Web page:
• The Hockey News argues that the NHL shouldn’t change the playoff format. (The Hockey News)

• Jack Todd argues that there’s reason to be optimistic heading into next season if you’re a fan of the Montreal Canadiens. (Montreal Gazette)

• How did the New Jersey Devils defensemen perform based on quality of competition this season? (All About the Jersey)

• Find out how the Tampa Bay Lightning went from winning 62 games in the regular season to none in the playoffs. (SB Nation)

• Hockey fans keep suggesting that the Colorado Avalanche are a one-line team, but they’re deeper than you might realize. (Mile High Hockey)

• The Blues are now the favorites to hoist the Stanley Cup. (St. Louis Post-Dispatch)

• Travis Yost argues that the Buffalo Sabres should definitely extend Evan Rodrigues. (Buffalo News)

Jaccob Slavin is the most important Carolina Hurricane. (Cardiac Cane)

• Why has home-ice advantage meant so much to Carolina and Washington in their series? (NBC Sports Washington)

• The second-round series between the Stars and Blues will feature two great goalies. (NHL)

Joey Alfieri is a writer for Pro Hockey Talk on NBC Sports. Drop him a line at phtblog@nbcsports.com or follow him on Twitter @joeyalfieri.

WATCH LIVE: Flyers host Sabres on NBCSN

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NBCSN’s coverage of the 2018-19 NHL season continues with Monday’s matchup between the Buffalo Sabres and Philadelphia Flyers. Coverage begins at 6 p.m. ET on NBCSN. You can watch the game online and on the NBC Sports app by clicking here.

This game figures to be crucial as both teams chase the Hurricanes and Penguins, who are tied with 72 points for the final Eastern Conference wild card spot. Though the Sabres (10th in East) sit one point ahead of the Flyers (11th), their recent play has them going in opposite directions.

Philadelphia is 13-3-1 in its last 17 games and are coming off dramatic 4-3 overtime win vs. the Penguins in Saturday’s Stadium Series game. Meanwhile, the Buffalo is 1-4-1 in its last 6 games, including Monday night’s 5-3 defeat at Toronto. The Sabres have not won two in a row in over two months.

After snapping a four-game losing streak on Saturday against Washington, and then taking a 1-0 lead into the first intermission yesterday against Toronto, it appeared that the Sabres were building some momentum. However, Buffalo allowed four goals in the second period, saw Carter Hutton get pulled, and ultimately lost 5-3.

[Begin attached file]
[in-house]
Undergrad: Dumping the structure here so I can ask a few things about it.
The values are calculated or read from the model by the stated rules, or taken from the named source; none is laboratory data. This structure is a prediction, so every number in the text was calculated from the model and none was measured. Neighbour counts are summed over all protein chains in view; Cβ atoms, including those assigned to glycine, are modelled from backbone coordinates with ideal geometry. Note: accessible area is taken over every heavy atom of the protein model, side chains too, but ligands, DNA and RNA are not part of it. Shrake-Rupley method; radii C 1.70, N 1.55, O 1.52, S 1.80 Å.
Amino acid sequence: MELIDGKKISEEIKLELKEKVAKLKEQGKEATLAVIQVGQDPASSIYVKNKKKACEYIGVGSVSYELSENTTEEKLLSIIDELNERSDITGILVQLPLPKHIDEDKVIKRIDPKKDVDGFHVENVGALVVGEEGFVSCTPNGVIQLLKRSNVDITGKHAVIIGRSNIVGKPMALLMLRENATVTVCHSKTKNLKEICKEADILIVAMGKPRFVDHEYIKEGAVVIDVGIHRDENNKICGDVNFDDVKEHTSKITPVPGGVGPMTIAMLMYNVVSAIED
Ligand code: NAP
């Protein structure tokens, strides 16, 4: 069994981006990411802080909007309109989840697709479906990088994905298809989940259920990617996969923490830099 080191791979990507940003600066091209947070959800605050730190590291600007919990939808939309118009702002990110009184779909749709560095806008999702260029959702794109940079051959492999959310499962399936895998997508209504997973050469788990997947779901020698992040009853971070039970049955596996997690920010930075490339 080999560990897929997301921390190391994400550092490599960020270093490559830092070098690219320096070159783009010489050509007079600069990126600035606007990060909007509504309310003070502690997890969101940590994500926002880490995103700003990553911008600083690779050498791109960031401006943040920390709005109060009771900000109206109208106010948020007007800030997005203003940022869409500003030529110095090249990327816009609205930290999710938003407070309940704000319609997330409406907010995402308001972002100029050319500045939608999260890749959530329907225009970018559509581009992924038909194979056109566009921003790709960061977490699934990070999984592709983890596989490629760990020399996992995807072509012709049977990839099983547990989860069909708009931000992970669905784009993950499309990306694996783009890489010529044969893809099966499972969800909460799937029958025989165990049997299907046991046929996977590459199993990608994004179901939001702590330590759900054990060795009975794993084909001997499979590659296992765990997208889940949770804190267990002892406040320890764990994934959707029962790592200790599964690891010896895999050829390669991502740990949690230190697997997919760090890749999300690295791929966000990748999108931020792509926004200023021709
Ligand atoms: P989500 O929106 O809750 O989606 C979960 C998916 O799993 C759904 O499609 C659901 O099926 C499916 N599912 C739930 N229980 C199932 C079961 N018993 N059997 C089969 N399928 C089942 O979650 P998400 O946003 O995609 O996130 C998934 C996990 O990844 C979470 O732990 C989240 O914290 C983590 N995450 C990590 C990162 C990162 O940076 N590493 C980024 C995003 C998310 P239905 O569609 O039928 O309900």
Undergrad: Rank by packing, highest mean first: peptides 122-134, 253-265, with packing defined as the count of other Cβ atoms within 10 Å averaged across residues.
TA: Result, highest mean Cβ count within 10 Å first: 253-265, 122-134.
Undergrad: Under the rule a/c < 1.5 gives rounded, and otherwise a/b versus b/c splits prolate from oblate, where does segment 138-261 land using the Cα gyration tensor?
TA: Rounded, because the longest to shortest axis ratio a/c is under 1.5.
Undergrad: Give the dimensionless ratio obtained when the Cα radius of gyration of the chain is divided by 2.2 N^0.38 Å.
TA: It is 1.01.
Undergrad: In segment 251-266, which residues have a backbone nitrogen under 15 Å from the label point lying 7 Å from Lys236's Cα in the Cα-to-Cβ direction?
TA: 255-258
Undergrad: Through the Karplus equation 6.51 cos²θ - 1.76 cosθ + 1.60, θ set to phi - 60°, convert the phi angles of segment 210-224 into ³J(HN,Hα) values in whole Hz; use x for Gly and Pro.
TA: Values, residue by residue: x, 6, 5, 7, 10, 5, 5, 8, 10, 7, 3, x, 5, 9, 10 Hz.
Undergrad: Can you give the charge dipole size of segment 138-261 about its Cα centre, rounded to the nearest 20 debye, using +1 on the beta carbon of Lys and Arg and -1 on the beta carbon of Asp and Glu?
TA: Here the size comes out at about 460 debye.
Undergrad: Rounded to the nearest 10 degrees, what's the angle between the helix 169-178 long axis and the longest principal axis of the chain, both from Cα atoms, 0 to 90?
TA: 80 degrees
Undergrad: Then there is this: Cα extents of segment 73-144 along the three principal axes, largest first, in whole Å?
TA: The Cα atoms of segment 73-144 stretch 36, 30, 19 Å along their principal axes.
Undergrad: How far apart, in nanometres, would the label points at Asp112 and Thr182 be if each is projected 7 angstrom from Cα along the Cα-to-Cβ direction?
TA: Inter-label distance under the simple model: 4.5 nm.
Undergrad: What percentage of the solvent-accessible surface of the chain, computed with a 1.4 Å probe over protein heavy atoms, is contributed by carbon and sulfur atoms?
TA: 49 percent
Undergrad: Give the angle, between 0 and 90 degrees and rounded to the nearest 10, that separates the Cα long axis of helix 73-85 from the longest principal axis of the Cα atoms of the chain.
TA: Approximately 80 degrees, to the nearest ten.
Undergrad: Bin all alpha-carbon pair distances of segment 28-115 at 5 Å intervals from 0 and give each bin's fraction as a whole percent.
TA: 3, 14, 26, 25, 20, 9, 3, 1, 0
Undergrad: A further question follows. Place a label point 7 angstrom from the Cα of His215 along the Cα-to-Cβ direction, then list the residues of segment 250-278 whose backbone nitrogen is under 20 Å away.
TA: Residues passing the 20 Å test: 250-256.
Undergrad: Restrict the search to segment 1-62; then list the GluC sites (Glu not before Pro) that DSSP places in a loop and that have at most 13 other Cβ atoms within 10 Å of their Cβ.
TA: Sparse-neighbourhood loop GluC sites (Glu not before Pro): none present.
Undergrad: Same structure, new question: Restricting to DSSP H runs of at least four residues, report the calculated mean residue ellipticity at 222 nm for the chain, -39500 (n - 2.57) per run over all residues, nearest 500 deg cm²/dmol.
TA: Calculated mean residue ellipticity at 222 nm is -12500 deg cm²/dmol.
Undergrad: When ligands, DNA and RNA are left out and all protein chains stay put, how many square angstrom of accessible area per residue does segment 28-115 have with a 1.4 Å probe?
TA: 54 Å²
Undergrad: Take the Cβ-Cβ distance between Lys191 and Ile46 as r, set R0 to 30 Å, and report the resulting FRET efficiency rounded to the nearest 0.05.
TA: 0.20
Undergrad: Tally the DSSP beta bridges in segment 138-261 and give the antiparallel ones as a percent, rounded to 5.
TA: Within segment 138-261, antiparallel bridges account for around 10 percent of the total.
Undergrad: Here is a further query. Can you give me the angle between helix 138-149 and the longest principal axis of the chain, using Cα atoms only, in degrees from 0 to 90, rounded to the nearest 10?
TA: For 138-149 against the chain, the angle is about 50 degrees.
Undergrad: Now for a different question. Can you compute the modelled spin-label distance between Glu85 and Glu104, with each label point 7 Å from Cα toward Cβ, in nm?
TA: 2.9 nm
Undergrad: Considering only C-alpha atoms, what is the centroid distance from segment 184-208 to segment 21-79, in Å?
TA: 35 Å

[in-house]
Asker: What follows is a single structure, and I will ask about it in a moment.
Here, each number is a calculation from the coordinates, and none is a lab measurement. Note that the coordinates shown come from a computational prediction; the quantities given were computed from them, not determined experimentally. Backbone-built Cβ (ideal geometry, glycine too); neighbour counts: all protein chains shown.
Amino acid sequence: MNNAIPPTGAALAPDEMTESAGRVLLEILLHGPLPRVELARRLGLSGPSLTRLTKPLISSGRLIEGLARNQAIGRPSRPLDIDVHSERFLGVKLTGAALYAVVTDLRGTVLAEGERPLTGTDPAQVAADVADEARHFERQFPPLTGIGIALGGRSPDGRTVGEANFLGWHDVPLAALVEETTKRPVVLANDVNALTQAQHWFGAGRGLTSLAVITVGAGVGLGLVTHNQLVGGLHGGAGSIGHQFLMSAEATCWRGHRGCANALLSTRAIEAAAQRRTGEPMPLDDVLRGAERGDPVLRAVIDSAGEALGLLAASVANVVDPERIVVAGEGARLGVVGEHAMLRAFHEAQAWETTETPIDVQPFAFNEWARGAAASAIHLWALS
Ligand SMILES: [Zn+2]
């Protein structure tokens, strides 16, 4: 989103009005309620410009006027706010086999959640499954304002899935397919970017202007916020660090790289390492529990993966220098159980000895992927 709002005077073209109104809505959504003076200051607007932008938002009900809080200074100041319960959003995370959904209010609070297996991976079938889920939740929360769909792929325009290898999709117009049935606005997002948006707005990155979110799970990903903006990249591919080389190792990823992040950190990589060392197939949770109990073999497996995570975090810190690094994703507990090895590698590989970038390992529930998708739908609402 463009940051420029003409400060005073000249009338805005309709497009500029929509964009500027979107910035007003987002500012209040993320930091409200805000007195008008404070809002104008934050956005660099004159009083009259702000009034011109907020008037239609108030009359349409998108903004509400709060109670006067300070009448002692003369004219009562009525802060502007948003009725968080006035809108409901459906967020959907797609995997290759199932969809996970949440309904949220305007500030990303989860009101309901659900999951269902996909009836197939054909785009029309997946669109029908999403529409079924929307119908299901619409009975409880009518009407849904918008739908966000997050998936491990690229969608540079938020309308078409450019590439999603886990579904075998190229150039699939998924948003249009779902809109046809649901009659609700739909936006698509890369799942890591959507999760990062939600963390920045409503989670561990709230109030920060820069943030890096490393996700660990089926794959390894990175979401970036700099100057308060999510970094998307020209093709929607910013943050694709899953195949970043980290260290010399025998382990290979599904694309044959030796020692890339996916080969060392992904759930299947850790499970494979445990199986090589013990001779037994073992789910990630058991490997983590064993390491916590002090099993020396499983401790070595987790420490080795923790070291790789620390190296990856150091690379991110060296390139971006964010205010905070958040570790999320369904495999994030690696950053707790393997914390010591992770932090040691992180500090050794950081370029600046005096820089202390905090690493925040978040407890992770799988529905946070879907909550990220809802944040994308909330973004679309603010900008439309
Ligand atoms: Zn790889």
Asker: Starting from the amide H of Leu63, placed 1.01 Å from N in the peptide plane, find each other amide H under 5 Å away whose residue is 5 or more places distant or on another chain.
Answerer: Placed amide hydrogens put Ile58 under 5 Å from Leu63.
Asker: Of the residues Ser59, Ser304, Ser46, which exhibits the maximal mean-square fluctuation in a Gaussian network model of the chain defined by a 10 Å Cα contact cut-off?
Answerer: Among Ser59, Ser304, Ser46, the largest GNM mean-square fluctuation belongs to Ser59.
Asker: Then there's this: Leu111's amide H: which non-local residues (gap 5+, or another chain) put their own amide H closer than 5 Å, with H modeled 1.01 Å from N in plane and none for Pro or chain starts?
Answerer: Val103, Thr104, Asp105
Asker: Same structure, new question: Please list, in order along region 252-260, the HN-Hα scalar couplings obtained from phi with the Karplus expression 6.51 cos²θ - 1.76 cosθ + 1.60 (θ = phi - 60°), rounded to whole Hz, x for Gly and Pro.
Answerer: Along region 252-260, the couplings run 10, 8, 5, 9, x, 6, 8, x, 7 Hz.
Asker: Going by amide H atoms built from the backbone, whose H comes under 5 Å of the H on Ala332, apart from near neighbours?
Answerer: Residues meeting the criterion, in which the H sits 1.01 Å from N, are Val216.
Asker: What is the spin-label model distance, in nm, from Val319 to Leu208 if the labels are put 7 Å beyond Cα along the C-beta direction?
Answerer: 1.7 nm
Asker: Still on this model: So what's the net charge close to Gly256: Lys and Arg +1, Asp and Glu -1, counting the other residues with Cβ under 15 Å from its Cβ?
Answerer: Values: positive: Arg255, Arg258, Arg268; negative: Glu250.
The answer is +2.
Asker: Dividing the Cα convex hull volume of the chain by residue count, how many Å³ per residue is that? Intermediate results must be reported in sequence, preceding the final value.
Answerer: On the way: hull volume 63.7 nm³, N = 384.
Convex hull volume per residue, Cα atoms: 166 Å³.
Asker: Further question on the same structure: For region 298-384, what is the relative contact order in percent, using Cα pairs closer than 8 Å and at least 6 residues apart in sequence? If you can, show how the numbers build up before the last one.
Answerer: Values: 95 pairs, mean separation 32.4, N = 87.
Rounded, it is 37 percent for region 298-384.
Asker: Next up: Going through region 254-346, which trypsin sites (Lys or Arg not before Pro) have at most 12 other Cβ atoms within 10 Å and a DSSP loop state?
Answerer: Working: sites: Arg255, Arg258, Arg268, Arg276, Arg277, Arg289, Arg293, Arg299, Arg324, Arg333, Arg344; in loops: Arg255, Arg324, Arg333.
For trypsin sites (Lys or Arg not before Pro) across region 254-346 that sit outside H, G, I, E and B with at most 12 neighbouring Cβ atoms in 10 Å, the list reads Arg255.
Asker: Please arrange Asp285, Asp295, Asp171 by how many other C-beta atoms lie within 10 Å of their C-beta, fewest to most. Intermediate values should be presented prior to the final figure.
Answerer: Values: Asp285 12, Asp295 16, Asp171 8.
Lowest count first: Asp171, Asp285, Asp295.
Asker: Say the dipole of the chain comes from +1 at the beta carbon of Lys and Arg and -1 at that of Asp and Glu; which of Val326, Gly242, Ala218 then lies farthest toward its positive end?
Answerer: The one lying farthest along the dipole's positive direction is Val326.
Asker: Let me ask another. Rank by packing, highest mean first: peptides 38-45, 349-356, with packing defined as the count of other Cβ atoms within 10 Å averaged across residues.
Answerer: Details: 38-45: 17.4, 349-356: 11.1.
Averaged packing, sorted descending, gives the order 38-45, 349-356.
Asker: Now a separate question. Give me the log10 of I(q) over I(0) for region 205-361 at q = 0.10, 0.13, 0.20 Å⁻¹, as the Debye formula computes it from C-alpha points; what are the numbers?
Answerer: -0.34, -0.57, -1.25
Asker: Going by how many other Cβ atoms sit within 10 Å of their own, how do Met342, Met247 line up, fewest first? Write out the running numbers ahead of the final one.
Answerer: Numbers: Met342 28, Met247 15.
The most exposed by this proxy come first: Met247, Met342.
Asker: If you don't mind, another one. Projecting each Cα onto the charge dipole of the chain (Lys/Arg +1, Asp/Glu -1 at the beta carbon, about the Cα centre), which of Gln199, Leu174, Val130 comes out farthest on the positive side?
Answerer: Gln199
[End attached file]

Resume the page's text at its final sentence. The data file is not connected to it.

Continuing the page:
The Flyers have had a couple days off since their improbable comeback victory in the Stadium Series game at Lincoln Financial Field. Trailing 3-1 with just over three minutes to play, Philly rallied to tie the game before Claude Giroux – in his 800th career game – scored the OT winner.

Just when it appeared that Carter Hart was finally providing some stability in net, he was pulled in back-to-back starts last week before getting ruled out for at least 10 days with a lower-body injury in advance of the Stadium Series game. In stepped Brian Elliott, who made 40 saves to defeat the Penguins in his first start since November 15 (he did appear twice in relief of Hart earlier in the week). Elliott will start again in this game.

Since winning their 10th straight game on Nov. 27 to claim 1st place in the entire NHL, Buffalo has been a very below-average team. They have a 12-19-6 record over that span and have dropped from first in the NHL in 17th.

[WATCH LIVE – COVERAGE BEGINS AT 6 P.M. ET – NBCSN]

What: Buffalo Sabres at Philadelphia Flyers
Where: Wells Fargo Center
When: Tuesday, Feb. 26, 6 p.m. ET
TV: NBCSN
Live stream: You can watch the Sabres-Flyers stream on NBC Sports’ live stream page and the NBC Sports app.

PROJECTED LINEUPS

SABRES
Jeff SkinnerJack EichelEvan Rodrigues
Conor ShearyCasey MittelstadtSam Reinhart
Scott Wilson – Vladimir Sobotka – Jason Pominville
Zemgus GirgensonsJohan LarssonKyle Okposo

Jake McCabeRasmus Ristolainen
Rasmus DahlinZach Bogosian
Marco ScandellaBrandon Montour

Starting goalie: Carter Hutton

FLYERS
Claude Giroux – Nolan PatrickTravis Konecny
Oskar LindblomSean CouturierJakub Voracek
James van RiemsdykScott LaughtonMichael Raffl
Corban Knight – Ryan Hartman

Ivan ProvorovTravis Sanheim
Shayne GostisbehereRadko Gudas
Robert HaggAndrew MacDonald

Phil Myers

Starting goalie: Brian Elliott

Gord Miller (play-by-play) and Brian Boucher (‘Inside-the-Glass’ analyst) will have the call from Wells Fargo Center in Philadelphia, Pa.

Sabres shuffle lines looking for spark

What a difference two months makes.

The Buffalo Sabres were the darlings of the NHL back in November when they tied a franchise record with 10 straight wins and sat atop the NHL standings at 17-6-2. But since that 10-game winning streak, the Sabres are just 8-14-4 with 20 points, which is tied for the fewest in the league during that span.

During Monday’s practice head coach Phil Housley drastically shuffled his lineup and placed his top three scorers – Jack Eichel, Jeff Skinner and Sam Reinhart – on three separate lines. Eichel centered the top line between Conor Sheary and Kyle Okposo, Skinner skated alongside Casey Mittelstadt and Jason Pominville, and Reinhart moved to the third line beside Evan Rodrigues and C.J. Smith.

At 1.13 points per game, Eichel is without question Buffalo’s best player. The captain’s playmaking ability could help spark Sheary and Okposo, who have both had down seasons, but have shown promise in the past, especially when playing next to superstars. Sheary was extremely productive when skating alongside Sidney Crosby in Pittsburgh. He tallied 53 points and 23 goals in just 61 games during the 2016-17 season with the Penguins. Okposo’s best years came in his final three seasons with the New York Islanders, when he registered 69, 51 and 64 points respectively before signing a 7-year, $42 million deal with Buffalo in July of 2016. A significant portion of those Islander years were spent alongside John Tavares. Both Sheary and Okposo have struggled to find the same consistency since joining the Sabres. Perhaps this is the catalyst to get them going.